I grew up in a large multiracial family. I am the fourth of six children. My mother is Mexican, African, and Seminole Indian. My father is Nigerian.
My younger sister and I are half Mexican American and Nigerian. However, my three older siblings have African American fathers. I grew up aware that I was not quite like most of my siblings.
My maternal grandmother exerted a strong Mexican American influence, but my mother was adamant that my younger sister and I be aware of our paternal Nigerian ancestry. This caused some friction with my older siblings, who did not understand my father or his culture.
Any time we watched a television program as a family I would become uncomfortable if the program included any safari-esque wild animals. Because then my siblings might remark, “There are some of your cousins!” It was humiliating, and I hated feeling different.
My mother emphasized that all of us were her children regardless of who our fathers were, but I felt isolated. My older siblings’ fathers grew up in the United States. They did not have an unusual last name. I grew up in Southeast Austin, Texas and was often the only child with such an unusual last name.
I did not feel like I fit in with my peers for most of my childhood. I was constantly reminded that I wasn’t “black” enough. I wasn’t urban enough. I wasn’t cool enough. I was simply not enough.
It’s a double-edged sword. In some circles being Nigerian is viewed as being special and being “blacker,” which can be a positive within the black community. But in other circles, it is a negative — a quick, dismissive labelling as “other”. It was frustrating.
I was often told by my older sisters and relatives that I was lucky because I looked like my mother instead of my father. I now know that they intended that to be a compliment, but at the time it bothered me: would they have loved me if I looked more like him? Would I have been accepted?
On the other hand, my father has always been concerned about me maintaining a small waist. He has never approved of how much heavier my younger sister is. Anytime I went without seeing him for a period he would compliment my ability to monitor my weight. I was definitely aware of the differences between my parents in relation to beauty standards for me as a young female. They had such different perspectives and worldviews. They still do.
As a child, I often heard that I did not “look” Nigerian; Nigerians didn’t look like me. Apparently, I didn’t look Mexican enough either; I was a touch too dark. It went both ways.
The thickness of my hair was another area of dissimilarity. My oldest sister was the prize since she was lighter in complexion with a looser wave pattern, according to my maternal grandmother. My hair was thicker, curlier, darker. My sister said I would always “need” a relaxer; I began using relaxers at age 6. That continued until I went “natural” in my twenties during graduate school.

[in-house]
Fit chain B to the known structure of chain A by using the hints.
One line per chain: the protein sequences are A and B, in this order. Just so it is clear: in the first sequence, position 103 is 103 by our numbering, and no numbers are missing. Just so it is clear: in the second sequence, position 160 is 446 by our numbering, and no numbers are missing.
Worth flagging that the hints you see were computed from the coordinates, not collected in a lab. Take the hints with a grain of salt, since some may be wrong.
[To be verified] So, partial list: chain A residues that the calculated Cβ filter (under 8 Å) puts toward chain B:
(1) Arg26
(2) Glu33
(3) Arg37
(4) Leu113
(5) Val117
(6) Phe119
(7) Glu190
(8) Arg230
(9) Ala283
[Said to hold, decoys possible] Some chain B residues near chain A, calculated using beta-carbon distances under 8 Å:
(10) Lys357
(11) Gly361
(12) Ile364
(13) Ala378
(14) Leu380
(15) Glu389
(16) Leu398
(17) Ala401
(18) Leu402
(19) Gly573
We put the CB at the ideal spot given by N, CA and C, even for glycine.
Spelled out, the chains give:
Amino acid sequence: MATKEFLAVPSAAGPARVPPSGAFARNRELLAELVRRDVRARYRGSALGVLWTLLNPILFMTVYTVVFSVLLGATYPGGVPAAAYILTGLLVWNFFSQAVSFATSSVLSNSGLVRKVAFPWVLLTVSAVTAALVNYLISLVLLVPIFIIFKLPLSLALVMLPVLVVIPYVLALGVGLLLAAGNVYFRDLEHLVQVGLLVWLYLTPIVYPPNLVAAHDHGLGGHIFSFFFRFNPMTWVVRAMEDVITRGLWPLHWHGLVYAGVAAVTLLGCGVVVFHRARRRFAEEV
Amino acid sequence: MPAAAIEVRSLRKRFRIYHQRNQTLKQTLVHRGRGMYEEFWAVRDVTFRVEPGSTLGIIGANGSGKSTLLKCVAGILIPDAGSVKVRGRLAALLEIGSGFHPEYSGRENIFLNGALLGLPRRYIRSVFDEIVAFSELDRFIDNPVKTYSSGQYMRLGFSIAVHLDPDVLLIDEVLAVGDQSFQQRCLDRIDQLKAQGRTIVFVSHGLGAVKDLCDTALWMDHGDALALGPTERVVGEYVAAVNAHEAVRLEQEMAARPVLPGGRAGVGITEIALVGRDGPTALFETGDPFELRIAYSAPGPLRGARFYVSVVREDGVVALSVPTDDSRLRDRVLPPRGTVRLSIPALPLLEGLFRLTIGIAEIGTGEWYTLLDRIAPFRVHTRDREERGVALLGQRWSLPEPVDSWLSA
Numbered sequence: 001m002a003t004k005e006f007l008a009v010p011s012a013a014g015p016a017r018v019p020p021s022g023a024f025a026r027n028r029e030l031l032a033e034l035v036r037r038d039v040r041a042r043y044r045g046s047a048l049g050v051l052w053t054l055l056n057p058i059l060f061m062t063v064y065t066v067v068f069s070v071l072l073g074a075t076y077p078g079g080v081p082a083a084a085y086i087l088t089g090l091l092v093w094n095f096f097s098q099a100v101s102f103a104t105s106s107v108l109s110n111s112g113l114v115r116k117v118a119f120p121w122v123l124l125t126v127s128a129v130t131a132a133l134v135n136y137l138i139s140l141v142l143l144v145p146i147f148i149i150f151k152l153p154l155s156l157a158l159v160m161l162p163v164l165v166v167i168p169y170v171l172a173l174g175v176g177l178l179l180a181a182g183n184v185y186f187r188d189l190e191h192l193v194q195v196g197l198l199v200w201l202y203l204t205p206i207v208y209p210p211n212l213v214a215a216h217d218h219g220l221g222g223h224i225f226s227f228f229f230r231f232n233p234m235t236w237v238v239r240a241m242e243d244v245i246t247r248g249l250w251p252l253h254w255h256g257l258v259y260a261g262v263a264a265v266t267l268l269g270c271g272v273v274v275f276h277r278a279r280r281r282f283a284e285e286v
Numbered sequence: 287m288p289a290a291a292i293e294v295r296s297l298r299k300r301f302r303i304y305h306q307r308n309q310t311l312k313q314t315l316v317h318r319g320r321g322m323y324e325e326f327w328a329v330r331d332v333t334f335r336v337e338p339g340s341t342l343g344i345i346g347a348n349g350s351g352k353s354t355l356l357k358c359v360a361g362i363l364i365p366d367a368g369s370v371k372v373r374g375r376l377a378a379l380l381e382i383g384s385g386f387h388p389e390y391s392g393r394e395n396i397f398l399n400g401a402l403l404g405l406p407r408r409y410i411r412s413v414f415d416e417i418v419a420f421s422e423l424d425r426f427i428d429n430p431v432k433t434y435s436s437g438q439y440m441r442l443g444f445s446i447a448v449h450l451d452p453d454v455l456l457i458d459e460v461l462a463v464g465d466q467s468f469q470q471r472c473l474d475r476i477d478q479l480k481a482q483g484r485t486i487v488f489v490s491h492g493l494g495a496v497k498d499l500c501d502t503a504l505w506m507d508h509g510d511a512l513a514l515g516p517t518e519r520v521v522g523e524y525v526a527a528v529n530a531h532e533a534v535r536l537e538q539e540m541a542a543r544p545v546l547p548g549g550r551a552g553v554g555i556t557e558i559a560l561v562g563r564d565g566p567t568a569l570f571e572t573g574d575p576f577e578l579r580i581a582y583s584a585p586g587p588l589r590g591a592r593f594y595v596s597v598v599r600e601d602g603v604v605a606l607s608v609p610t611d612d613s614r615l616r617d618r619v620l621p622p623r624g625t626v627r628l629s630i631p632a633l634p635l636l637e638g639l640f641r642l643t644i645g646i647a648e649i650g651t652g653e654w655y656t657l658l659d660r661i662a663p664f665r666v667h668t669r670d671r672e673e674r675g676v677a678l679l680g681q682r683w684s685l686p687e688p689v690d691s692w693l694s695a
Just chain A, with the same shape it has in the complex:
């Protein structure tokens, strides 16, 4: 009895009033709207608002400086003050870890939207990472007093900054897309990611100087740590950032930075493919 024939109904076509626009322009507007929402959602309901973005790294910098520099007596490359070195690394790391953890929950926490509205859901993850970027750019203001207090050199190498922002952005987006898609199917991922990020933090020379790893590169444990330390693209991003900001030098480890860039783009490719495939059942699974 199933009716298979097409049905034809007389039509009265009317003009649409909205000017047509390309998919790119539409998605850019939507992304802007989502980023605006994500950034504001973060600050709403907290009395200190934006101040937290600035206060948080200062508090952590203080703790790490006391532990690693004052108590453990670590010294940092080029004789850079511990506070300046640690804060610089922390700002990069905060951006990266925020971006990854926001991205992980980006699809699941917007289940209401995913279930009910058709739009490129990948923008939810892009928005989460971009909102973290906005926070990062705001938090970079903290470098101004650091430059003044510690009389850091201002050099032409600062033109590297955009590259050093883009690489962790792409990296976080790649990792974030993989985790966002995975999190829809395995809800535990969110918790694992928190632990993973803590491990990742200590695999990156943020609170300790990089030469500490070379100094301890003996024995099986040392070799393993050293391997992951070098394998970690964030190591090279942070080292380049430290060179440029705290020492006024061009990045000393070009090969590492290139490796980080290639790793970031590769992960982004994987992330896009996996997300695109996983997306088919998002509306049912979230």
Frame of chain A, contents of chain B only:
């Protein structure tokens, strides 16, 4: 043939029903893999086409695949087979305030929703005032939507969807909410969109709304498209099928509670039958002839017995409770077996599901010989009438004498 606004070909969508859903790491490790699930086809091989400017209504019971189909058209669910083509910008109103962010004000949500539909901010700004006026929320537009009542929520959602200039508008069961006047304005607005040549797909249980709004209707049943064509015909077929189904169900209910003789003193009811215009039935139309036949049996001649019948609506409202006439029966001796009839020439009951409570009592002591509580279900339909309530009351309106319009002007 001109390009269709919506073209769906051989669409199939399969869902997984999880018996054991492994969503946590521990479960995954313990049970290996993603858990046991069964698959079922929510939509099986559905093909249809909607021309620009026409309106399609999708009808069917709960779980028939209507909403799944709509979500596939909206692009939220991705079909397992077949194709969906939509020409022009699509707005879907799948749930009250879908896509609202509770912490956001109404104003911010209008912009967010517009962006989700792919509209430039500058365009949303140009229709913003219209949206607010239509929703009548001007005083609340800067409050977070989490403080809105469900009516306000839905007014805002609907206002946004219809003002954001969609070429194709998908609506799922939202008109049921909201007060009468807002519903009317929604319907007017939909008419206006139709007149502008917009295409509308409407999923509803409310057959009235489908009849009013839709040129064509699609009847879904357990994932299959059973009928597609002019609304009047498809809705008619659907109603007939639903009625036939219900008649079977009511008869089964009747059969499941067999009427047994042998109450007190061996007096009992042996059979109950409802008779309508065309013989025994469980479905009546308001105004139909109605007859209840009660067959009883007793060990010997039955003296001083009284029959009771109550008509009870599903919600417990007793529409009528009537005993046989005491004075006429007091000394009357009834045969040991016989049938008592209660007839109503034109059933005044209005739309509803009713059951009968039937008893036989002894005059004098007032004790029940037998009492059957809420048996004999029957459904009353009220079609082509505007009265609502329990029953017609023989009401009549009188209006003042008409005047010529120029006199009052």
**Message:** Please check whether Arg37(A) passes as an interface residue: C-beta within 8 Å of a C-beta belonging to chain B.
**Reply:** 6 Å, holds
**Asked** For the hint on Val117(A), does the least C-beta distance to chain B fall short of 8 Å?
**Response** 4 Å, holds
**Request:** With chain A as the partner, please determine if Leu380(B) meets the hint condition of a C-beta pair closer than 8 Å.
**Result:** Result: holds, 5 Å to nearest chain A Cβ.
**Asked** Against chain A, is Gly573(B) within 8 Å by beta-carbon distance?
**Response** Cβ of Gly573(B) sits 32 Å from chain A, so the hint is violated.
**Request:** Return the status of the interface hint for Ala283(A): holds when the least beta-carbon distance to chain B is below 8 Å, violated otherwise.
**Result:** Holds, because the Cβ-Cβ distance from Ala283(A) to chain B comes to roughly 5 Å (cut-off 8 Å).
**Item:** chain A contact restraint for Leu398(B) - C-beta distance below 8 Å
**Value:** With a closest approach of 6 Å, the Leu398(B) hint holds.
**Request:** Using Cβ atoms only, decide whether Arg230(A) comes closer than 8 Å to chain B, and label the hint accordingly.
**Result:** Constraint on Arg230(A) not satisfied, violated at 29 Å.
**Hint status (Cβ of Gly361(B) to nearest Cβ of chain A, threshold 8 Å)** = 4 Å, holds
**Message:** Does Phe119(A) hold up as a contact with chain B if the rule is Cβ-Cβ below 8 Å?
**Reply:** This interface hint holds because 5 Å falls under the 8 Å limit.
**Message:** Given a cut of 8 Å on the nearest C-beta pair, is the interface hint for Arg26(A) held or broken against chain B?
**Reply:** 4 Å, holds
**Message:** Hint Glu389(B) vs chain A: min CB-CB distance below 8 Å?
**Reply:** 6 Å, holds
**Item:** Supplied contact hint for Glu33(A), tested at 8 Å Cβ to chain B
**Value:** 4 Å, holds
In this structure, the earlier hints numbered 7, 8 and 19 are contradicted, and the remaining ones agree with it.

I assumed I would always need to straighten my hair because it was too thick and uncooperative. No one becomes successful with nappy hair, right? There were many combs and brushes broken in my home. I was always sorry I didn’t have my mother’s hair. I fantasized about her loose wave pattern that didn’t need relaxers and hot combs. I envied that. Life appeared to be easier for those people.
Those early experiences have shaped my personality as well as how I view a person’s identity. Americans place a lot of meaning on what one looks like. But an individual’s skin color only provides so much information about their lived experience. The term “African American” is very ambiguous. What does that mean? It is very difficult for me to use that label to identify myself. I am Nigerian and Mexican. That’s how I identify myself culturally.
I am also a military spouse, which also has influenced my self-perception. You don’t see that just by looking at me. My story is not reflected in my face, the way I style my hair, how I am dressed, my profession, or my complexion.
If I could reach out to my younger self I would tell her that she is fine just the way God created her. She does not have to fit in a box. God did not intend for her to.
Each of us has purpose and not everyone is going to understand that. Not everyone is going to cheer for you. Not everyone is going celebrate your progress. Do not be dismayed. Keep stretching yourself. Keep growing. You are not defined by society’s standards. You can make your own.
Don’t limit yourself to what society expects from you. There is so much to learn from being uncomfortable and embracing what naturally makes you who you are. Don’t be afraid of that. Don’t be ashamed of that. There’s a reason why you are you. Your experiences will shape you. You can decide your path.
Don’t feel obligated to maintain ties with people that don’t enrich your life. You can make your own family. You can create your own definition of home. One of the most challenging obstacles will be becoming comfortable within your skin. There will be expectations for how you should live. But it is your life. Live it in a way that is fulfilling to you.